One of Robson's first acts as secretary was to accompany Alfred McMinn, one of the club committee, on a trip to the Potteries to recruit players. McMinn was a native of Staffordshire and was "most persuasive on his home turf". On this trip, Robson and McMinn signed six players: Jack Farrell, Samuel Meston and Willie Naughton from Stoke, Watty Keay from Derby County, Joe Turner from Dresden United and Alf Wood from Burslem Port Vale, as well as recruiting Stoke's long-serving trainer, Bill Dawson. The Saints committee were anxious to secure their services and signed them before the Football League season was over. Port Vale and Stoke lodged a complaint with the Football Association (FA) about "poaching", and an emergency FA meeting was held at Sheffield, resulting in the Saints being severely censured for negligence. St Mary's were ordered to pay their own costs, plus £4 6s 3d to Stoke and £1 13s to Port Vale. McMinn was suspended for a year and Dawson for a month. Wood's registration with St Mary's was cancelled (shortly afterwards he moved to Stoke).
The 1895–96 season was the Saints' second in the Southern League, having finished third in the inaugural season. The team started the season badly, losing the first three matches, which was blamed on the inability of the new players to settle in the area. Eventually, under trainer Dawson's guidance, the team's form improved and there were only three further league defeats and they again finished third behind Millwall Athletic and Luton Town. Top scorer in the league was Jack Farrell with ten goals from his 17 appearances. The highlight of the league season was the visit of Millwall on 21 March 1896 when a crowd of 8,000 saw the Saints defeat the reigning champions 2–0, with goals from Charles Baker and Joe Turner.
The greatest excitement, however, came in the FA Cup, when an away victory over local rivals Freemantle in the First Qualifying Round was followed by comfortable home victories over Marlow (5–0), Reading (3–0) and Uxbridge (3–0). In the First Round proper, the Saints received a home draw against opposition from the Football League First Division for the second consecutive year, this time against The Wednesday. Saints' trainer, Bill Dawson, spent the week leading up to Wednesday's visit with extra training for the players, taking them through their paces on Shawford Down.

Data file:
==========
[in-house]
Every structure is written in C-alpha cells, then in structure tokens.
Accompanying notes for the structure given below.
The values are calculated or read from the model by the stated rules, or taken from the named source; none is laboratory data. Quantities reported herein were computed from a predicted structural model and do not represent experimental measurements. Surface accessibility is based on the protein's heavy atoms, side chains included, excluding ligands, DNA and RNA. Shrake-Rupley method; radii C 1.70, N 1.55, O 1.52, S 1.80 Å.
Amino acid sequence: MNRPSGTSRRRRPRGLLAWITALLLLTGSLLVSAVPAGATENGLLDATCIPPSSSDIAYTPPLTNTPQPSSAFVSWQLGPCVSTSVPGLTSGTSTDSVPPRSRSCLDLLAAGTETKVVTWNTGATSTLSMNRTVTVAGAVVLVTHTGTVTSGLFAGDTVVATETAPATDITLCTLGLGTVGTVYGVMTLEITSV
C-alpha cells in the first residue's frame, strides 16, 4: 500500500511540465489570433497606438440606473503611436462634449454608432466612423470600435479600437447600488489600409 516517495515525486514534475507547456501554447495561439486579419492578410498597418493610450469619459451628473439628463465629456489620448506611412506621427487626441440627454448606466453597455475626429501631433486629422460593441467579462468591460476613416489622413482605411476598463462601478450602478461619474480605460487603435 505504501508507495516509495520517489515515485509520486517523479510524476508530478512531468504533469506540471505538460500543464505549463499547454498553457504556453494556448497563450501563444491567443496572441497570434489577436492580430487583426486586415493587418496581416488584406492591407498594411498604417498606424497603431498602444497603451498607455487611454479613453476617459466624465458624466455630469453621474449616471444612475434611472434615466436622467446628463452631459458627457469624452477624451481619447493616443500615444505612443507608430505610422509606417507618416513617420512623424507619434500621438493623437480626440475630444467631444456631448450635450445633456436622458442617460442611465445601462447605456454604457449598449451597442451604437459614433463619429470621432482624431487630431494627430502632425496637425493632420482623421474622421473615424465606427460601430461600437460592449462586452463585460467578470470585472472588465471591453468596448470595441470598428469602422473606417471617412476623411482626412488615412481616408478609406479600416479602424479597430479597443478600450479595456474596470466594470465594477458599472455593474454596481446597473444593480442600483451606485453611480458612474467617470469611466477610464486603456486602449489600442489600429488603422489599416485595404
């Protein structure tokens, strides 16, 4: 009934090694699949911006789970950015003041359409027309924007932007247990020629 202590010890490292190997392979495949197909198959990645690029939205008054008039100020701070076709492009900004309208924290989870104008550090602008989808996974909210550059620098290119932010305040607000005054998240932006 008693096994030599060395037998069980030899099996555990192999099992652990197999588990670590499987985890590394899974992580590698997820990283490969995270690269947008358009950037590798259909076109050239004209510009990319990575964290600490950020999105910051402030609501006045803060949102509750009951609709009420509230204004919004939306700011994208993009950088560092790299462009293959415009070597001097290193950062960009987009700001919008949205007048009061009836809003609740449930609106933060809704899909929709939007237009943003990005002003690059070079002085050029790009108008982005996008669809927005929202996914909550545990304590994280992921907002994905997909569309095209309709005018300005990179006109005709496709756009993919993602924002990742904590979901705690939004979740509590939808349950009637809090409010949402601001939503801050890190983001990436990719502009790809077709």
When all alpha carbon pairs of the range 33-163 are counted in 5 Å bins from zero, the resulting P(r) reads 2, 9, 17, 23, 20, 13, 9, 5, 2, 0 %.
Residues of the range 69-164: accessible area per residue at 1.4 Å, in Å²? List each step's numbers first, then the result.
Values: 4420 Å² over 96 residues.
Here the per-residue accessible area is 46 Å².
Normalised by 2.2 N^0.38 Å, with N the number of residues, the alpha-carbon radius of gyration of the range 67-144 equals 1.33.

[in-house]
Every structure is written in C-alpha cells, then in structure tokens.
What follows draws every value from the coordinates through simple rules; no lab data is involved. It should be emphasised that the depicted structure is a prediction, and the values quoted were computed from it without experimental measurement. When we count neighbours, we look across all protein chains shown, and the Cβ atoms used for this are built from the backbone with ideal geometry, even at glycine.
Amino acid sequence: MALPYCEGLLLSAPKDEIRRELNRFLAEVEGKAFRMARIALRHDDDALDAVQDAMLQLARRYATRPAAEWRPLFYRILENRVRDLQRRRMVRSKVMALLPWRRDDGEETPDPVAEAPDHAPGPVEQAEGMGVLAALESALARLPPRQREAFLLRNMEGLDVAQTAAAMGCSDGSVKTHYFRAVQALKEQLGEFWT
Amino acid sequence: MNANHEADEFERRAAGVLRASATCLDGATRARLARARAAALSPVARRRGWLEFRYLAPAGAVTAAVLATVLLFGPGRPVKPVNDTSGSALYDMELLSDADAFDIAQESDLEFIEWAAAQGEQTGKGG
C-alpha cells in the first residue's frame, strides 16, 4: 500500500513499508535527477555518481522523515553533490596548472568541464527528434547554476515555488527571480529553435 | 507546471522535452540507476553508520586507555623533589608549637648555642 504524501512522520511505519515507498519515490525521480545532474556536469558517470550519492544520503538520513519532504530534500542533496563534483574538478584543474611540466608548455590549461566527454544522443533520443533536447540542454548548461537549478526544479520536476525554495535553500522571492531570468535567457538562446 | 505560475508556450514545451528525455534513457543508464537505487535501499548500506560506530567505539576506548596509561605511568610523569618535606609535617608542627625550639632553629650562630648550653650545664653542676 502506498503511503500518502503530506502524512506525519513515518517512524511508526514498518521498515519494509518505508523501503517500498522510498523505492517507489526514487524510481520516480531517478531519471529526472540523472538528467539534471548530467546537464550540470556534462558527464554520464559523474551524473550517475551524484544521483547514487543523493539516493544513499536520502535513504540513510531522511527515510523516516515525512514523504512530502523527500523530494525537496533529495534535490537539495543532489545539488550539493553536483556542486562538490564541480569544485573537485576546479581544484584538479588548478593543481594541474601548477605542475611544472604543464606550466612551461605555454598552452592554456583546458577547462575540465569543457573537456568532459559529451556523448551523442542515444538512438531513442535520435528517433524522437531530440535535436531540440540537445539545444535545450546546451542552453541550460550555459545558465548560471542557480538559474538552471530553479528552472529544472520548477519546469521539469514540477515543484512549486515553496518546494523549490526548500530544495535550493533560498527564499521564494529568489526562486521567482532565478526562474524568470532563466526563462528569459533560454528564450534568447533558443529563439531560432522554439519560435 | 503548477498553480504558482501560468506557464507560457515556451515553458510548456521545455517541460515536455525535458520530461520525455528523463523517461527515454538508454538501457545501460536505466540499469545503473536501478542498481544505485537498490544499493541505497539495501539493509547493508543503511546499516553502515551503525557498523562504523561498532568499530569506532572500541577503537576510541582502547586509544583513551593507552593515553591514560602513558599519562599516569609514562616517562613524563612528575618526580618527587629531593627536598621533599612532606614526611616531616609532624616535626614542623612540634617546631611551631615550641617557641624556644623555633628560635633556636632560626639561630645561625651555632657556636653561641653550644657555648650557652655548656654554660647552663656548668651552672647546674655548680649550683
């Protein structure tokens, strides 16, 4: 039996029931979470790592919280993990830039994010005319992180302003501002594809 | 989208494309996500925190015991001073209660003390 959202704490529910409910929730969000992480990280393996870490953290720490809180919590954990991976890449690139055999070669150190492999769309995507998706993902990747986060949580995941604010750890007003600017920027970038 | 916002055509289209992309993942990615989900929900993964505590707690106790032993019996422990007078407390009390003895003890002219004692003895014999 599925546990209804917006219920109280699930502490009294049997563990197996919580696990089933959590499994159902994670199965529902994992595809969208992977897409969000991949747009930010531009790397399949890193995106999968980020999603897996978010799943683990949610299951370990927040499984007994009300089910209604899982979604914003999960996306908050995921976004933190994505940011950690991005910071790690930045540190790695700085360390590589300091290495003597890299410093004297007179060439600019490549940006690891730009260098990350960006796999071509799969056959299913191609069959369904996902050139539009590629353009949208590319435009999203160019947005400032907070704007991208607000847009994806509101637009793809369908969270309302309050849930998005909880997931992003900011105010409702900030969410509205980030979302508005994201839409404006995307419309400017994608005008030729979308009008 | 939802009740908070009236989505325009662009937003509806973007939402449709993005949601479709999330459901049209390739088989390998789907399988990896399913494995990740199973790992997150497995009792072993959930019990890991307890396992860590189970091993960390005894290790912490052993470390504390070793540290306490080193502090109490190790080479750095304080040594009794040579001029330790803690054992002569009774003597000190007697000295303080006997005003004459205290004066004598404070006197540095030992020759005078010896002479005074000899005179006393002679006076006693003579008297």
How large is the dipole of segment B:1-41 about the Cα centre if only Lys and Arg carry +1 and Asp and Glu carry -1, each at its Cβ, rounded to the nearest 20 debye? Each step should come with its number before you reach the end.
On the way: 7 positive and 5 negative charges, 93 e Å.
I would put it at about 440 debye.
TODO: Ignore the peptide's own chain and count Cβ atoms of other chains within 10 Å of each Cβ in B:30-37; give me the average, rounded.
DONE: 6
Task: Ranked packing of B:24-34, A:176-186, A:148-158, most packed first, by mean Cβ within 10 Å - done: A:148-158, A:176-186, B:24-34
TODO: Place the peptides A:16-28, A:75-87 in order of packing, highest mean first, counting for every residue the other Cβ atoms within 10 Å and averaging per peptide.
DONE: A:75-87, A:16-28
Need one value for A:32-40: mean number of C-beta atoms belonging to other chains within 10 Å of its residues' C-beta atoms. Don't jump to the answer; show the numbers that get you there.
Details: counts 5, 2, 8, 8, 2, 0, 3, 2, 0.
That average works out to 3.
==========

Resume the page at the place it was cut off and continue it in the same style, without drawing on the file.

For the match, played at the Antelope Ground on 1 February 1896, the crowd was estimated at 12,000, by far the largest yet recorded for a football match in Southampton. The Saints had to play their third-choice goalkeeper, Walter Cox as Tom Cain was injured, and the Royal Artillery refused to allow on-loan 'keeper "Gunner" Reilly to play. The Saints took an early lead, through Watty Keay, before two goals from Alec Brady gave Wednesday the half-time lead. Wednesday increased their lead shortly after the break, and although Joe Turner got one back, the Saints were unable to score an equaliser. Wednesday ran out 3–2 winners and went on to win the Cup the following April.
At the end of the season, the Saints had to vacate the Antelope Ground, which had been sold for re-development, and moved to the County Ground, partly through the connections of the club's president, Robson's former Hampshire strike partner, Dr. H. W. R. Bencraft, who was also Hon. Secretary to the cricket club.
During the summer of 1896, Robson resigned his position as secretary (ready for Hampshire's first season back in the first-class cricket ranks), being replaced by Alfred McMinn (having served his twelve months' suspension), with Mr. E. Arnfield as his assistant.
Robson was one of the founder directors when the football club was incorporated into a limited company, "Southampton Football and Athletic Company Limited" in July 1897; on the Memorandum of Association he was listed as "Charles Robson, Mineral Water Merchant and Hampshire wicket-keeper" of Hill Lane, Southampton. He remained a director of the company for several years.